This was quite evident in the Thursday night, February 11, televised debate between the two Democratic candidates. When it came to their positions on foreign policy, Ms. Clinton very cozily danced around the circle with her patented facial expressions and touched on all necessary bases; distrust of Iran, its sponsorship of terrorism, its efforts to destabilize the region and, above all, its threats against Israel. She also highlighted her objections to reaching out toward Iran without tough preconditions, something that she was accusing Sanders for offering.
Sanders was not going to stand being accused of being “soft” toward America’s supposed enemy, and it was not his Jewishness or support for Israel alone that compelled him to vocalize while sweating and shaking with anger; he clarified his position by offering that he, too, would not reach out to the enemy without certain preconditions, and continued that Iran is, in his opinion as well, a state sponsor of international terrorism, but all that should not prevent a rapprochement, as it would be better to engage rather than disengage.
Neither had anything to lose by making such derogatory statements about Iran, a perceived enemy and a danger to the stability and safety of the region and the world in the minds of the voting American audiences.
Just imagine a more honest and fearless Bernie looking at Ms. Clinton and saying; Listen you hypocrite; first, Iran is not America’s enemy, it has been America that has repeatedly exhibited its animosity toward Iran in more than one way; second, Hezbollah and Hamas that Iran has been supporting are not international terrorists who are destabilizing the region, it is Israel, and it is Israel that has forced us into branding these groups as terrorist organizations; and finally, without Iran’s direct participation, input and cooperation, no settlement of the Syrian and Iraqi conflicts is possible. So, we better get off our high horse and accept the realities on the ground before we turn the regional conflicts into a WWIII.
Had Mr. Sanders had the courage to risk his political credibility and future and utter those words, he would have been booed and chased out of the stage by the irate crowd and the thunderstruck TV panel! So, why would he, or Ms. Clinton for that matter, want to do that? Has anybody ever heard of a truly honest politician that has managed to survive that career?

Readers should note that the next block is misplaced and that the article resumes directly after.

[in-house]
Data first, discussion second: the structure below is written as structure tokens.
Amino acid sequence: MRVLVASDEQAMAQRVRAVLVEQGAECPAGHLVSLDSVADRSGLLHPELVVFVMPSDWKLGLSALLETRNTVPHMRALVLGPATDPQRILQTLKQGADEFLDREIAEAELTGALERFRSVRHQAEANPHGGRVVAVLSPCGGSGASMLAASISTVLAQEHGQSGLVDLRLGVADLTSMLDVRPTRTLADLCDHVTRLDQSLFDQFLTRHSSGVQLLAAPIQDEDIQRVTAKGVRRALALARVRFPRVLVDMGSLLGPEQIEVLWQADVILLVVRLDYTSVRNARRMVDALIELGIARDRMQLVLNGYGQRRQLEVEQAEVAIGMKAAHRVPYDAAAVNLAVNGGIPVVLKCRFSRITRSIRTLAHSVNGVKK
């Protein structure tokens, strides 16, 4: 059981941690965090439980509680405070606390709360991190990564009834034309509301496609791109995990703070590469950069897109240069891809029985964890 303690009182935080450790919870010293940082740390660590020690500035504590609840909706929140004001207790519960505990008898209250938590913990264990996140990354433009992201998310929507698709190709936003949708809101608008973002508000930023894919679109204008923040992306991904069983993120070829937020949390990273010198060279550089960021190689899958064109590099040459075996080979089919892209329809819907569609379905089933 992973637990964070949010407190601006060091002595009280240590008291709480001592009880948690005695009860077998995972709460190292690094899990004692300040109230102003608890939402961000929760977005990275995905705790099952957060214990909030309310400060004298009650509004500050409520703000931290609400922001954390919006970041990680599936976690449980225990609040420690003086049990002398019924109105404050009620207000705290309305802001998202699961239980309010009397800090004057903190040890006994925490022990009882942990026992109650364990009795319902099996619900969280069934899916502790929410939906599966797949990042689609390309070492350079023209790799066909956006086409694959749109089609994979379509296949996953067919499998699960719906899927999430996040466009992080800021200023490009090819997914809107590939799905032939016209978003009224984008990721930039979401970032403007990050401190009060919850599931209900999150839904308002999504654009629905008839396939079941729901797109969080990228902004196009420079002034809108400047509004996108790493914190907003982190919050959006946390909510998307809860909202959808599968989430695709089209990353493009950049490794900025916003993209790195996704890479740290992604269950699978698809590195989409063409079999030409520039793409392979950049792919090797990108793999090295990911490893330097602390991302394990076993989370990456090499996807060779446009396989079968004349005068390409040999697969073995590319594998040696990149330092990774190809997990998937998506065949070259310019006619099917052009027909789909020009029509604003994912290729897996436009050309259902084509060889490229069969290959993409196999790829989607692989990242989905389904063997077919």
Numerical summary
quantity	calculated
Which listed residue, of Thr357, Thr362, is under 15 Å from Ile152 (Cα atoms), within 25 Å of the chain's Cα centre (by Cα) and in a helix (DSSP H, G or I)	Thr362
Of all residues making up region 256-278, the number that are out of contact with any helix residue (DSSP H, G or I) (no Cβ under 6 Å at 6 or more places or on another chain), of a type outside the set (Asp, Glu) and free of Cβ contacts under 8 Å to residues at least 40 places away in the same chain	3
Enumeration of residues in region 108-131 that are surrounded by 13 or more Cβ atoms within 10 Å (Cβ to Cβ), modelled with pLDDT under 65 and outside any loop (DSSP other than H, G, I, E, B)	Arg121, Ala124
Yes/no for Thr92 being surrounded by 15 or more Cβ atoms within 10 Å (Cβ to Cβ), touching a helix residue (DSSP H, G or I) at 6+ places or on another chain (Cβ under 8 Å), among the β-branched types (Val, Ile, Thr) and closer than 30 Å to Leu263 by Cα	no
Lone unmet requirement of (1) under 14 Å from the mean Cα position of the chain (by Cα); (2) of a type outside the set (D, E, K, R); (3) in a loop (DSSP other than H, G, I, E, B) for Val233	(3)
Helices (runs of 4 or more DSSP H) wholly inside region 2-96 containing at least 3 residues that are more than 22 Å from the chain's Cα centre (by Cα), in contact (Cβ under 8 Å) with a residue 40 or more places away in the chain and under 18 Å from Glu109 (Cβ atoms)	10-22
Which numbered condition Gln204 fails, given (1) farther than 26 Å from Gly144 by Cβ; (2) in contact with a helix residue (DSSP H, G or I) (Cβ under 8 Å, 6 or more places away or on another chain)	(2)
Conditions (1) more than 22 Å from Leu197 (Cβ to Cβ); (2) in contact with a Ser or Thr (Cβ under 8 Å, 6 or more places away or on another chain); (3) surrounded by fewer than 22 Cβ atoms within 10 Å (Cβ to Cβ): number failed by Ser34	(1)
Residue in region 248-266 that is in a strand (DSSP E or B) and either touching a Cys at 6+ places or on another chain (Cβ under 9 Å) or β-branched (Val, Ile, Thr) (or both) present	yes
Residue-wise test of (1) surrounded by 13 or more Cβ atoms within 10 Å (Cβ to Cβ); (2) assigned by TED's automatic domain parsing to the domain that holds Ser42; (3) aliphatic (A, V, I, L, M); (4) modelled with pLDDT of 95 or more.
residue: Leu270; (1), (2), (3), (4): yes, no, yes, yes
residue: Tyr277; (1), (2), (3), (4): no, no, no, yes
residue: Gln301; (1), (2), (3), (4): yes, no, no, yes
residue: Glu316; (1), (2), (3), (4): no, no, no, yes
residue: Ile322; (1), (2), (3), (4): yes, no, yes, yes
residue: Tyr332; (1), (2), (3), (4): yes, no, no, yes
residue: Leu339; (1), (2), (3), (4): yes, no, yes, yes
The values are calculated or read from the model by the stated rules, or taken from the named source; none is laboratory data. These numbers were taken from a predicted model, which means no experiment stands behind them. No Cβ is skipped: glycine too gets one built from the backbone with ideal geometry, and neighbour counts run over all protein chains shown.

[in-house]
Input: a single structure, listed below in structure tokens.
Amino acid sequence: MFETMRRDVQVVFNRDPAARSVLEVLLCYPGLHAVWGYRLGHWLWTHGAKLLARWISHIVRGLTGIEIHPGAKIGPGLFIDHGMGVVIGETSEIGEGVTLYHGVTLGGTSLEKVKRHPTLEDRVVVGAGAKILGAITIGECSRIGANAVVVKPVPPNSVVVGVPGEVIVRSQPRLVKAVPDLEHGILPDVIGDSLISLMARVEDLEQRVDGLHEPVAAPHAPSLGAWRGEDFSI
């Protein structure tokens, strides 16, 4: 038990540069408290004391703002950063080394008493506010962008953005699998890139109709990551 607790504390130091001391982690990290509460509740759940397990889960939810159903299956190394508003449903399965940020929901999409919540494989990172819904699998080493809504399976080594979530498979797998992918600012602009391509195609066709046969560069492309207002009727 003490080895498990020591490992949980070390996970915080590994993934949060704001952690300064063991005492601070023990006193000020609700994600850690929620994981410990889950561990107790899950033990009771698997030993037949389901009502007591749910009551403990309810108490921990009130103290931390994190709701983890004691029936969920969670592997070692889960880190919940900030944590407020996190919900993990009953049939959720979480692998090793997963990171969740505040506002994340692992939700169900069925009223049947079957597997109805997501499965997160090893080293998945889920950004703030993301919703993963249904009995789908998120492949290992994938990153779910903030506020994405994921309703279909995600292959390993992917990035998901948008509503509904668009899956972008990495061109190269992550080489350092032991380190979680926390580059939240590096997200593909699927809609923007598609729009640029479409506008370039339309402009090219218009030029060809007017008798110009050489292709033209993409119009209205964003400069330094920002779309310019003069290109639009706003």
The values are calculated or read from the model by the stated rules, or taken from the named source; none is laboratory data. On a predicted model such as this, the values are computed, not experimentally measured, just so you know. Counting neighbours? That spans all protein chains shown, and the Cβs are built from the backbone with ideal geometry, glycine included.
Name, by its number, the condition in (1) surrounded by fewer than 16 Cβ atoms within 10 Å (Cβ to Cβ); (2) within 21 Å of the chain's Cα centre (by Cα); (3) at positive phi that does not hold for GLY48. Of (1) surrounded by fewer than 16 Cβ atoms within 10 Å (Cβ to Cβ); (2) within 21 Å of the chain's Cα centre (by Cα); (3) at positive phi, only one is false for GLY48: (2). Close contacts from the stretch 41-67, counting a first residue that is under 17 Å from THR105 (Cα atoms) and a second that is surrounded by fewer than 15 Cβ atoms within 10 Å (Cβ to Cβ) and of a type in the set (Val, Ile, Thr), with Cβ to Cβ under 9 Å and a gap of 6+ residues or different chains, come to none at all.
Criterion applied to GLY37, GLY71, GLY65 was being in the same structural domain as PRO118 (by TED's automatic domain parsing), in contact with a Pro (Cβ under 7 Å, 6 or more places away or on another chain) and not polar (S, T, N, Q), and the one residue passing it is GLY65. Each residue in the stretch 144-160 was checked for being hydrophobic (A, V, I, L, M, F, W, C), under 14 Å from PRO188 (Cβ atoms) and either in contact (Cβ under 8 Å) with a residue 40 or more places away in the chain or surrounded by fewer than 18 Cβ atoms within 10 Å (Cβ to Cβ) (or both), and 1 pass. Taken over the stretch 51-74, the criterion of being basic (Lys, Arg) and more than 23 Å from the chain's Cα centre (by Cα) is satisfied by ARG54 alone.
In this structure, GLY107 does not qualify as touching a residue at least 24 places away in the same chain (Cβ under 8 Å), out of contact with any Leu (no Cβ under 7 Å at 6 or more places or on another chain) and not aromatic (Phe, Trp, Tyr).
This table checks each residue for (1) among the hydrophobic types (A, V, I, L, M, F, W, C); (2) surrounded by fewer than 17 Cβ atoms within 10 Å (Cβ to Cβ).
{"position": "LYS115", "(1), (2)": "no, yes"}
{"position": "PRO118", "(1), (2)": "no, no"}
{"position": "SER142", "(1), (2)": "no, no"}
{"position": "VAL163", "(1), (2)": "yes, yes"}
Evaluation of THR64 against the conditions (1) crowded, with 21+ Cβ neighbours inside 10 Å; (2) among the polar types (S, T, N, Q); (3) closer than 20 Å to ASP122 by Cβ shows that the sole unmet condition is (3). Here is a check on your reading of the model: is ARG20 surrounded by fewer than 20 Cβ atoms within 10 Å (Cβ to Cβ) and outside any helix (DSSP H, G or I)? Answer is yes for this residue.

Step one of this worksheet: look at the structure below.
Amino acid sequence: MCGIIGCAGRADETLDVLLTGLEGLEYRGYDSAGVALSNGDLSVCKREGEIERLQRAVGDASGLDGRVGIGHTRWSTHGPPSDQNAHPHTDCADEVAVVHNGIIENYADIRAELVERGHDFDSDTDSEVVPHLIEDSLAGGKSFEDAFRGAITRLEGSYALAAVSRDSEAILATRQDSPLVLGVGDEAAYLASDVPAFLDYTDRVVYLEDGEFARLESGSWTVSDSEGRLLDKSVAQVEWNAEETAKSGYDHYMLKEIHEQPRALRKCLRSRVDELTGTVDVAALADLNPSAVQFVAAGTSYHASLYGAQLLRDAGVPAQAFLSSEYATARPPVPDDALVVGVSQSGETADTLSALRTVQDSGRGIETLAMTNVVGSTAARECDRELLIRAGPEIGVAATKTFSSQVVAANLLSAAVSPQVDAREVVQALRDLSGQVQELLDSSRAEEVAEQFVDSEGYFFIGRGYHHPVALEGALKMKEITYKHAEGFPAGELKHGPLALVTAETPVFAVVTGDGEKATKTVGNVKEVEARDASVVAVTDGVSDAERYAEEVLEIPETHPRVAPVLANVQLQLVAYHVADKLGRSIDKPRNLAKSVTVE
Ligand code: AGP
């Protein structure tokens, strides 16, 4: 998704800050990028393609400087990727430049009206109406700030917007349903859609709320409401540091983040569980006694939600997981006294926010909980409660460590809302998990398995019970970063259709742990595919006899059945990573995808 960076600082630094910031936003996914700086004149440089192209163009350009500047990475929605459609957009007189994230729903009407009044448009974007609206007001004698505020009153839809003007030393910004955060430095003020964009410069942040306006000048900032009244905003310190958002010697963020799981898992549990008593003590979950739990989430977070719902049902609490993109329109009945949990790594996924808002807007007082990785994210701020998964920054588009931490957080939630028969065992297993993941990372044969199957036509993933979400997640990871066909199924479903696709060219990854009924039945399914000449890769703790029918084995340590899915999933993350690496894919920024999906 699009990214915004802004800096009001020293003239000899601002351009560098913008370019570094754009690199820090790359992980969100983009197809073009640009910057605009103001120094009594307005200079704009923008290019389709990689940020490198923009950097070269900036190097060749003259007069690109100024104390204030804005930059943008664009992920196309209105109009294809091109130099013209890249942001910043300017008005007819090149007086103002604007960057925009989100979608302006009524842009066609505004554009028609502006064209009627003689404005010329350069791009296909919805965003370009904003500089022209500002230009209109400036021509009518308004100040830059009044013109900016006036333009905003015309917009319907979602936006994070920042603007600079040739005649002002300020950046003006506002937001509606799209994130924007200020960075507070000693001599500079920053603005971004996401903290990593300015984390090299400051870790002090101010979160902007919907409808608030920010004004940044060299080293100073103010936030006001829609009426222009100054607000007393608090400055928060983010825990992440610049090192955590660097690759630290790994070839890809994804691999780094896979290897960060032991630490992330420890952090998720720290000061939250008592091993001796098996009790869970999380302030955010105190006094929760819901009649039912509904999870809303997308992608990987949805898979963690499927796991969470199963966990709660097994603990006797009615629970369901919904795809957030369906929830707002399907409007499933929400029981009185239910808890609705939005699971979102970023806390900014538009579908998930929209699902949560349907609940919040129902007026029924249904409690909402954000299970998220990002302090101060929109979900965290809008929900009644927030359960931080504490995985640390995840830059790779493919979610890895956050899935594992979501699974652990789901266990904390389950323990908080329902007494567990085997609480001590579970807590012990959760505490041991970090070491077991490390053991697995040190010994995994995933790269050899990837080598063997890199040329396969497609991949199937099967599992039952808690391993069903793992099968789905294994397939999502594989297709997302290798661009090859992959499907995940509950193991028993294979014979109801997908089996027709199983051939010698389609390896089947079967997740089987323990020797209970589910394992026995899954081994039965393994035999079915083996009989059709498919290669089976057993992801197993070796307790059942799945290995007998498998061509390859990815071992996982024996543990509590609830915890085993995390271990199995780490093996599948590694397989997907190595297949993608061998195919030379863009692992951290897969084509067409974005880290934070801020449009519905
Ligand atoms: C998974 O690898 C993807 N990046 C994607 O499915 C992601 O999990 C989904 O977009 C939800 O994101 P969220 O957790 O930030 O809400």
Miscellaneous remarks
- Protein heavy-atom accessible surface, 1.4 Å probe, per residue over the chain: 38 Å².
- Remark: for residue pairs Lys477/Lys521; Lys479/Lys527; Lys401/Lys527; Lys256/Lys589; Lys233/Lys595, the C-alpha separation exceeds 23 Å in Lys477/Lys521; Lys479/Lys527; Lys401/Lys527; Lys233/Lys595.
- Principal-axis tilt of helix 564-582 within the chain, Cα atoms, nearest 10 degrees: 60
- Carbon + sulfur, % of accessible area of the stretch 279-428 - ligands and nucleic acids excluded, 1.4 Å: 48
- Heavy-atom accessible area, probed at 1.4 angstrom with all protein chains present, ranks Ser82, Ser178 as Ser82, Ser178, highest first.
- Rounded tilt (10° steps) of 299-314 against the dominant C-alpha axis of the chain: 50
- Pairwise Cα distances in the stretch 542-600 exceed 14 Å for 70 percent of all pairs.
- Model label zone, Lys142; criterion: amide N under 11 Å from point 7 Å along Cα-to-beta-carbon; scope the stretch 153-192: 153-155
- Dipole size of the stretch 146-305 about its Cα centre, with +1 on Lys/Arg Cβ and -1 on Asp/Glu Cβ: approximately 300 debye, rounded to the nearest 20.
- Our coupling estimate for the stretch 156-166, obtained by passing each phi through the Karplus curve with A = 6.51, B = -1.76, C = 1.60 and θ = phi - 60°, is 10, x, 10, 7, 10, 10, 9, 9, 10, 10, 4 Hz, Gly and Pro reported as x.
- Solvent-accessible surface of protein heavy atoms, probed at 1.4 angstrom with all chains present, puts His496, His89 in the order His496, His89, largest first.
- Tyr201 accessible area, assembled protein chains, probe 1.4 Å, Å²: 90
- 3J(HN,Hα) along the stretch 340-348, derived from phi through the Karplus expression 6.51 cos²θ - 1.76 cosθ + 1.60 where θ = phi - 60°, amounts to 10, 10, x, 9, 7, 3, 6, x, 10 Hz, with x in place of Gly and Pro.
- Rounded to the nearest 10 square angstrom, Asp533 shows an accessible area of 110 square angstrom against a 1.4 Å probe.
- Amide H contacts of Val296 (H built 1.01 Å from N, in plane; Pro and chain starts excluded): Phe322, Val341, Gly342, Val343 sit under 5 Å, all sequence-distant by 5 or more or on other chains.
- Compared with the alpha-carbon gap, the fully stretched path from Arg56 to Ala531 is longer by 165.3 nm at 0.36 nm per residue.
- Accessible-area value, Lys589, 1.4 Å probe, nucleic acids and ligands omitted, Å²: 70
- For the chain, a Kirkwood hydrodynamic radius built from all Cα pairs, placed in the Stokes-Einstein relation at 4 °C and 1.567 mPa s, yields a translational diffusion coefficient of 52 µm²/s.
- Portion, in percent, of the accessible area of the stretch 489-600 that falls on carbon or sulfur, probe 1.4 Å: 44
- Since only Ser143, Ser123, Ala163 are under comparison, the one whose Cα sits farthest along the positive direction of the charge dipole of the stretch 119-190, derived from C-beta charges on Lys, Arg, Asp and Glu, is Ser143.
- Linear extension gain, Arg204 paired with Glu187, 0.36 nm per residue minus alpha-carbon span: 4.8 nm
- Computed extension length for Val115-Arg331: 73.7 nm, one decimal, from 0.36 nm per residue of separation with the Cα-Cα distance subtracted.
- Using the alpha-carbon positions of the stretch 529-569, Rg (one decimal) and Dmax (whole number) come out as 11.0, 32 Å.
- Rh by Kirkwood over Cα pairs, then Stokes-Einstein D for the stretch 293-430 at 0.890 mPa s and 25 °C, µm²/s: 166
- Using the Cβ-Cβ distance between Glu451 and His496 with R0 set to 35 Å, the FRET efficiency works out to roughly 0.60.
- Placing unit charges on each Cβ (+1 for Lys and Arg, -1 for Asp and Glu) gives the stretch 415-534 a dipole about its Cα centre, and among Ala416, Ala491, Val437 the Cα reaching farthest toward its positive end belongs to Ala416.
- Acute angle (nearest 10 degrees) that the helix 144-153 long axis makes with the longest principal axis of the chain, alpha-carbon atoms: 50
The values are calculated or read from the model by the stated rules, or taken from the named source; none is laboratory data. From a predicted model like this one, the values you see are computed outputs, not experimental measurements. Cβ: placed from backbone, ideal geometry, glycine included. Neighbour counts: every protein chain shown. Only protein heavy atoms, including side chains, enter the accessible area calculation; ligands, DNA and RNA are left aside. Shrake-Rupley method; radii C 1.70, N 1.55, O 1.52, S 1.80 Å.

I feel almost certain that Hillary Rodham Clinton will be the next President of the United States. And I am sure this is how Ms. Clinton views herself, as well. My hope, indeed expectation, is that, after gaining the office, she continues Barak Obama’s foreign policy agendas while, like Mr. Obama, she wraps her constructive and futuristic decisions in cloaks and colors that would be acceptable to the public at large, and in such a way that would not mobilize the entire Congress against the White House as has been the case during Obama’s second term.
Ms. Clinton is not likely to enjoy a second term in office. It would, therefore, be much more difficult for her to swim against the current without risking her position and future in politics; she won’t have the luxury of a second and final term as did Mr. Obama.
My hope is that the new President would carefully reconsider and redress certain vital issues that have long plagued America’s foreign relations and policies. Among them are:
I must point out that, at least in my opinion, practically all the troubling issues mentioned above have one element in common: Israel! For how long will the American nation have to pay the price for this one-sided passionate attachment? Is this a malignancy that must somehow be tolerated and controlled, or is it going to ultimately kill the patient?
Do I think that Hillary Rodham Clinton is capable of managing her Presidential duties to serve the best interests of the American nation? I believe she is capable of that task, but it depends on her personal will and stamina and her diplomatic skills to survive the test.
About the author:
Kambiz Zarrabi is the
author of In Zarathushtra's Shadow and Necessary Illusion.He has conducted lectures and seminars on international affairs,
particularly in relation to Iran, with focus on US/Iran issues. Zarrabi's latest book is Iran, Back in Context.